Here is the Atlantic’s Derek Thompson using the book Boombustology by Vikram Mansharamani to make a bubble indicator out of Sotheby’s stock:
In November 2006, David Geffen, the producer of “Cats” and co-founder of DreamWorks Pictures, sold No. 5, 1948 by Jackson Pollack for $140 million, making it the most expensive painting ever sold. Two weeks later, he nearly broke his own record, unloading Woman III by Willem de Kooning for a cool $137 million. These paintings broke a six-month record set by another New Yorker Ronald Lauder, who had bought a Gustav Klimt portrait for $130 million for his Neue Galerie. It was a very good year for auctions, stocks, and CDOs.
It was also the end of an era. It’s no coincidence that these auctions occurred near the frothy tip of a credit bubble, Mansharamani says. In fact, tracking auction records and auction house stock is one of the best ways to smell out a simmering economic crisis.
“As one of the world’s leading art auction houses, Sotheby’s has been a beneficiary of booms in the art market,” he writes. In the last 20 years, Sotheby’s mostly stable stock has experienced four sharp peaks. In the late 1980s, Japan had been “the center of gravity” in the international art market. But its economy imploded, sending Sotheby’s stock reeling. Ten years later, the Internet bubble drove another auction boom among Silicon Valley newbies, and the bubble burst again.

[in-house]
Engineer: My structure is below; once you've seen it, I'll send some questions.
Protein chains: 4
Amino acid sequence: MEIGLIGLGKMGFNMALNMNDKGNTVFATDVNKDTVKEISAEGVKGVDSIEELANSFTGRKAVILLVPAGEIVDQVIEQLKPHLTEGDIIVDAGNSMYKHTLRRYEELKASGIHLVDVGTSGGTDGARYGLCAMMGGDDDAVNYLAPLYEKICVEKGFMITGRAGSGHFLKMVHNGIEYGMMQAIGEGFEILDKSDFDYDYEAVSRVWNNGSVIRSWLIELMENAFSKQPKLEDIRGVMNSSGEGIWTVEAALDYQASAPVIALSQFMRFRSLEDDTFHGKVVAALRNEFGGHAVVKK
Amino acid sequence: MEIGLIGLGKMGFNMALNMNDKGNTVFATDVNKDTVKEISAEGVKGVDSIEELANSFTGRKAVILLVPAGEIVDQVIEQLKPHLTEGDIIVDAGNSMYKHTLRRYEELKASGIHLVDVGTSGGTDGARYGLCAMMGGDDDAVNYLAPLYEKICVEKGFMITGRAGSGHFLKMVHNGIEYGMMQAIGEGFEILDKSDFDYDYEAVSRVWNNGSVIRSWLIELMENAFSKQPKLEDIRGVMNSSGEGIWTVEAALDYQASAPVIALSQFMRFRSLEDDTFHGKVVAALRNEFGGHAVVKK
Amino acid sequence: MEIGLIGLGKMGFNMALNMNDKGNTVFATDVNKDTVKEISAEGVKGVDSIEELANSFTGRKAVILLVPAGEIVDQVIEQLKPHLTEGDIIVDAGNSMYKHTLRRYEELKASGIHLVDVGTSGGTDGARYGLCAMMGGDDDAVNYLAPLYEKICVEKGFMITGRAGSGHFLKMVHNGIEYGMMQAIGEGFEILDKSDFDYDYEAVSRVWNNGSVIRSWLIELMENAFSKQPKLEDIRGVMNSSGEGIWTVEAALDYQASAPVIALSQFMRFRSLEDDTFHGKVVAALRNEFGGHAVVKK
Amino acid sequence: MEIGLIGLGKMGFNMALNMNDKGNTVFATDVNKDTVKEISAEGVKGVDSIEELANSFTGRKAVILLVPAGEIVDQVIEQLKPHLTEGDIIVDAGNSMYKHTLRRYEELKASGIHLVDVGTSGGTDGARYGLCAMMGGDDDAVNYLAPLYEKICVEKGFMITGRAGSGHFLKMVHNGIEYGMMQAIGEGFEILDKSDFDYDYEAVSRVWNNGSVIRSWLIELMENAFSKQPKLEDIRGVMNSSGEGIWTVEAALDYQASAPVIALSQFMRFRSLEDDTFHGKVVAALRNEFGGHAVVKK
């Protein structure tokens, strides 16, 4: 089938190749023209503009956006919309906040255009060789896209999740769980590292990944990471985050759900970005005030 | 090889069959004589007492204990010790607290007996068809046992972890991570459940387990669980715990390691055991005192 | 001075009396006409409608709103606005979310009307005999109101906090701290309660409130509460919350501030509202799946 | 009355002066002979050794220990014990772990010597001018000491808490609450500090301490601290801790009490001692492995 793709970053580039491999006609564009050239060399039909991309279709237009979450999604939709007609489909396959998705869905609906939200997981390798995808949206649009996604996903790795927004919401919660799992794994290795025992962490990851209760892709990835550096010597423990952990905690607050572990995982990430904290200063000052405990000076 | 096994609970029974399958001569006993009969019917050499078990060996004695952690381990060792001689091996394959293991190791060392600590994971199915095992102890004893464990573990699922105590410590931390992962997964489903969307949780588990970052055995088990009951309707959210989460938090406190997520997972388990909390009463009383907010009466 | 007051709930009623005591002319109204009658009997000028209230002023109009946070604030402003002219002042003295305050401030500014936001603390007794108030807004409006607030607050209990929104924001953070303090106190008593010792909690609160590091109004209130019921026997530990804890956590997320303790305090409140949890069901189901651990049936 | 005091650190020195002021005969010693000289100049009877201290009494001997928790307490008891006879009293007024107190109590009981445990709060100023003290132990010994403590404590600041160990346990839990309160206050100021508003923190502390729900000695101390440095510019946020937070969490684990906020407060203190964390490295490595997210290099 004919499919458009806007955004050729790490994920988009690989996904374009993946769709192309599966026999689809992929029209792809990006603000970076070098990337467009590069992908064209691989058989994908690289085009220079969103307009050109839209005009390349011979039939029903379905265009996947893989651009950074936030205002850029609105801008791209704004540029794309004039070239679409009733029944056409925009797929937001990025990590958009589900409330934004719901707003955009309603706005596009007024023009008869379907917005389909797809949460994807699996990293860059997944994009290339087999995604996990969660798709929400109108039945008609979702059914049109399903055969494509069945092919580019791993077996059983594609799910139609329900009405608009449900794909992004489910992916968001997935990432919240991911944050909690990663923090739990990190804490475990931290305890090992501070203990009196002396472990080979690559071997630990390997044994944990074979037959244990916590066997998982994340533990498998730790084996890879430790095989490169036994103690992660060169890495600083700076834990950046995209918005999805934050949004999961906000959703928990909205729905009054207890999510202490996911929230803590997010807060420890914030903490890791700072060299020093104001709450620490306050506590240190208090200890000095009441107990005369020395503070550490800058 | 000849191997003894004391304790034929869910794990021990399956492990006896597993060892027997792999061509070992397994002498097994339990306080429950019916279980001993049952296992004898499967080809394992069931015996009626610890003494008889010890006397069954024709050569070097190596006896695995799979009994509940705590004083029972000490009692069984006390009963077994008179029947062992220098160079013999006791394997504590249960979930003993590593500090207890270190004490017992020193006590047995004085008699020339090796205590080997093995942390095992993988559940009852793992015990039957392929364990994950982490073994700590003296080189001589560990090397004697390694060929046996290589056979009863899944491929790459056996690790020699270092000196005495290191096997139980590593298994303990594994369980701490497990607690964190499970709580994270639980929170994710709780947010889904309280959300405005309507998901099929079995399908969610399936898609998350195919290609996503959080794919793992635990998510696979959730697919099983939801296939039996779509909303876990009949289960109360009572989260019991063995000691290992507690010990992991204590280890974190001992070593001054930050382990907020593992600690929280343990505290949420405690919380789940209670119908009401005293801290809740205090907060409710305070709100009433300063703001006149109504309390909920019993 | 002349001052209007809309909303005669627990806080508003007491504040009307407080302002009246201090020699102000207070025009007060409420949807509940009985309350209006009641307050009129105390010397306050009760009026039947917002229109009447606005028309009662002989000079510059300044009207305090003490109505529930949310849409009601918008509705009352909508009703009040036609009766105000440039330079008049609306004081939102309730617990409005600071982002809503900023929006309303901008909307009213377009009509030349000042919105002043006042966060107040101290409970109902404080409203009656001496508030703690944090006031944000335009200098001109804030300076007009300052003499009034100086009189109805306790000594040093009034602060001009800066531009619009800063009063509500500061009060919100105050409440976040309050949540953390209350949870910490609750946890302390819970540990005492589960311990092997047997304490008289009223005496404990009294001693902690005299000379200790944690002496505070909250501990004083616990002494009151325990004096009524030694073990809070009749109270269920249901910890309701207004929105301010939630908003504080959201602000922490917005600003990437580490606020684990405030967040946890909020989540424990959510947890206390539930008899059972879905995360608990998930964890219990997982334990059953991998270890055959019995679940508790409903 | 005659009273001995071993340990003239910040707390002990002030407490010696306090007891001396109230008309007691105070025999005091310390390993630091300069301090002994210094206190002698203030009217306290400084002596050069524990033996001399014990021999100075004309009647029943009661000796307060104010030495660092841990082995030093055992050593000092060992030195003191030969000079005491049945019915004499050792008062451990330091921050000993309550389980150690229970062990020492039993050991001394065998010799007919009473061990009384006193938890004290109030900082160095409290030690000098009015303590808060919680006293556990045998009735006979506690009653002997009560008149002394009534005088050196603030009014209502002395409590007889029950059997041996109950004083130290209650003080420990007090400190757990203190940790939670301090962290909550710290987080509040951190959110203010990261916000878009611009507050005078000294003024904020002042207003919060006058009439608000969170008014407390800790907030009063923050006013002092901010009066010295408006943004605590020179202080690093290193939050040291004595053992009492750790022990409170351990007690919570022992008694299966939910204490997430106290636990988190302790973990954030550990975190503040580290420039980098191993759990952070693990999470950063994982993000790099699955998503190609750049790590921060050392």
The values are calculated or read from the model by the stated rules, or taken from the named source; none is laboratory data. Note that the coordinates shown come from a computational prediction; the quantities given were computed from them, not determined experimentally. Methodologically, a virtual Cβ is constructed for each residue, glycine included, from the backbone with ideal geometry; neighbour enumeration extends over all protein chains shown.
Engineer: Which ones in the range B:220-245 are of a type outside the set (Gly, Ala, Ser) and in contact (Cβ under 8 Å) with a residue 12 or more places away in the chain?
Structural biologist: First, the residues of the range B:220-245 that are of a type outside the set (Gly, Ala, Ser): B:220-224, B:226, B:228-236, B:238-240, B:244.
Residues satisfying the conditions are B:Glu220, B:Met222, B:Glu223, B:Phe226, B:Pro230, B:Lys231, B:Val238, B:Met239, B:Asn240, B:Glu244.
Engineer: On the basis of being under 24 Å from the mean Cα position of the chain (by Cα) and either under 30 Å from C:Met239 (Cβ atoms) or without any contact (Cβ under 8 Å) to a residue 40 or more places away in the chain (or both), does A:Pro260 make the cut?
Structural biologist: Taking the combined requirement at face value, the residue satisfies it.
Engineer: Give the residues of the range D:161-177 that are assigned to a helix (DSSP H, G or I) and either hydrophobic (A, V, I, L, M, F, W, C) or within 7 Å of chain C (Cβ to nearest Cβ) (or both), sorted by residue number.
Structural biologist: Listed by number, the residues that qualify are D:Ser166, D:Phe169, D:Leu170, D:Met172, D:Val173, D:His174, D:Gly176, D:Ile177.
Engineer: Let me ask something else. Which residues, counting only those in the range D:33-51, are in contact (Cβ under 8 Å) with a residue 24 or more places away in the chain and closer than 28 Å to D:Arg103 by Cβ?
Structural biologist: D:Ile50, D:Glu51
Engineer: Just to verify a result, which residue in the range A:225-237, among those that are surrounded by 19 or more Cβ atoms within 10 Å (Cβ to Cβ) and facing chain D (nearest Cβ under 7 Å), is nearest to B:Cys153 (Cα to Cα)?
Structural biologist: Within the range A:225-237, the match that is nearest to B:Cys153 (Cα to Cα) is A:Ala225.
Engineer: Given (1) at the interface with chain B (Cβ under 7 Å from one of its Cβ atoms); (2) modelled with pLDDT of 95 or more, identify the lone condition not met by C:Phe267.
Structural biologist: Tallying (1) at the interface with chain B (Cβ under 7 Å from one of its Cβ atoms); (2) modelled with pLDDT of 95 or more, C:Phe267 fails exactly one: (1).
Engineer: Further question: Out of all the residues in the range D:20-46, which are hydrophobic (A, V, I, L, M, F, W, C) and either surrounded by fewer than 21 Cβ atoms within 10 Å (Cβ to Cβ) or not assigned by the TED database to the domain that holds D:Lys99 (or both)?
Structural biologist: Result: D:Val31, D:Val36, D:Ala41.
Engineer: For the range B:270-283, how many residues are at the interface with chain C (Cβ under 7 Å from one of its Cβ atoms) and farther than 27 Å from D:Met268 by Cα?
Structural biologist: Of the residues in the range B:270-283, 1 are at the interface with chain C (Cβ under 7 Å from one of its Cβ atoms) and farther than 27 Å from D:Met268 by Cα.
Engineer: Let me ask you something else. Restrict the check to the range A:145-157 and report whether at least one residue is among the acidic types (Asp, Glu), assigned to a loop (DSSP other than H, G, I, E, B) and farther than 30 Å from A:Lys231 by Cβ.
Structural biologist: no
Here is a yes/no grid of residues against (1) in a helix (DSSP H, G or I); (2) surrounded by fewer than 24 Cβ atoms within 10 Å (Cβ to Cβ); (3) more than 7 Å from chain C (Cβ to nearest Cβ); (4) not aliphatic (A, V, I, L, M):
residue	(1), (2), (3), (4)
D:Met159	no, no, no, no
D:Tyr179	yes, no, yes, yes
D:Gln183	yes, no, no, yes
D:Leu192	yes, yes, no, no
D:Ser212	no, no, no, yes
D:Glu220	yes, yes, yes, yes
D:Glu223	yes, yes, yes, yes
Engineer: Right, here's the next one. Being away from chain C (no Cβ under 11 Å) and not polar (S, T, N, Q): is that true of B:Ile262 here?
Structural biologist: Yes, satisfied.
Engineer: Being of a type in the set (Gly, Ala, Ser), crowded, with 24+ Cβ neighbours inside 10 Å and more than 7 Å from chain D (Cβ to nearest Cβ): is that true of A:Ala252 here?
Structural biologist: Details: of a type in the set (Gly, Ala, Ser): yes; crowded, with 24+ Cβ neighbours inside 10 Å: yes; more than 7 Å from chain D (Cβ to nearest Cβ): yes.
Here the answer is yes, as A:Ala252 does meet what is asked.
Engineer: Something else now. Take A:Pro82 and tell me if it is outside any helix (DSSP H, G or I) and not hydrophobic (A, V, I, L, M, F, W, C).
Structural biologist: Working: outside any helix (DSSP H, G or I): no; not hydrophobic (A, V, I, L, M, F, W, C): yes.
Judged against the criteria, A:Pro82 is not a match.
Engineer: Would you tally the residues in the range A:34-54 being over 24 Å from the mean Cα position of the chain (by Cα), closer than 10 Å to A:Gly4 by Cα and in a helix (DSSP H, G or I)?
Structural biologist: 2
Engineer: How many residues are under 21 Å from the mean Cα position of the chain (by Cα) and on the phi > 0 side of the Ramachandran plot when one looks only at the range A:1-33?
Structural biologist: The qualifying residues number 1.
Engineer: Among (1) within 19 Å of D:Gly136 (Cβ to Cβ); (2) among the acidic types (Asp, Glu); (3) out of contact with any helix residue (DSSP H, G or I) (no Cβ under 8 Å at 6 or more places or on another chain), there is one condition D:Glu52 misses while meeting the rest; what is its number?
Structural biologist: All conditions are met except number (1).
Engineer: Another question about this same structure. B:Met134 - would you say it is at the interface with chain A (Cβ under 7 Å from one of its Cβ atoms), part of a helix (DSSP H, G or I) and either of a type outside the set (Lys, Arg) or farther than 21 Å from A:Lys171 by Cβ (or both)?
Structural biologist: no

The only problem with this reasoning is that the buyer of one of Geffen’s works wasn’t a fly-by-night bubble-rider but a collector who remains an active participant in the art market. The other buyer was involved in credit markets but not the kind that were at the center of the bubble. Furthermore, the peak in Sotheby’s stock during the late 1990s wasn’t driven by internet millionaires buying art but by speculation that Sotheby’s would be bought by a luxury retailer like Arnault or somehow benefit from the explosion of internet businesses like eBay.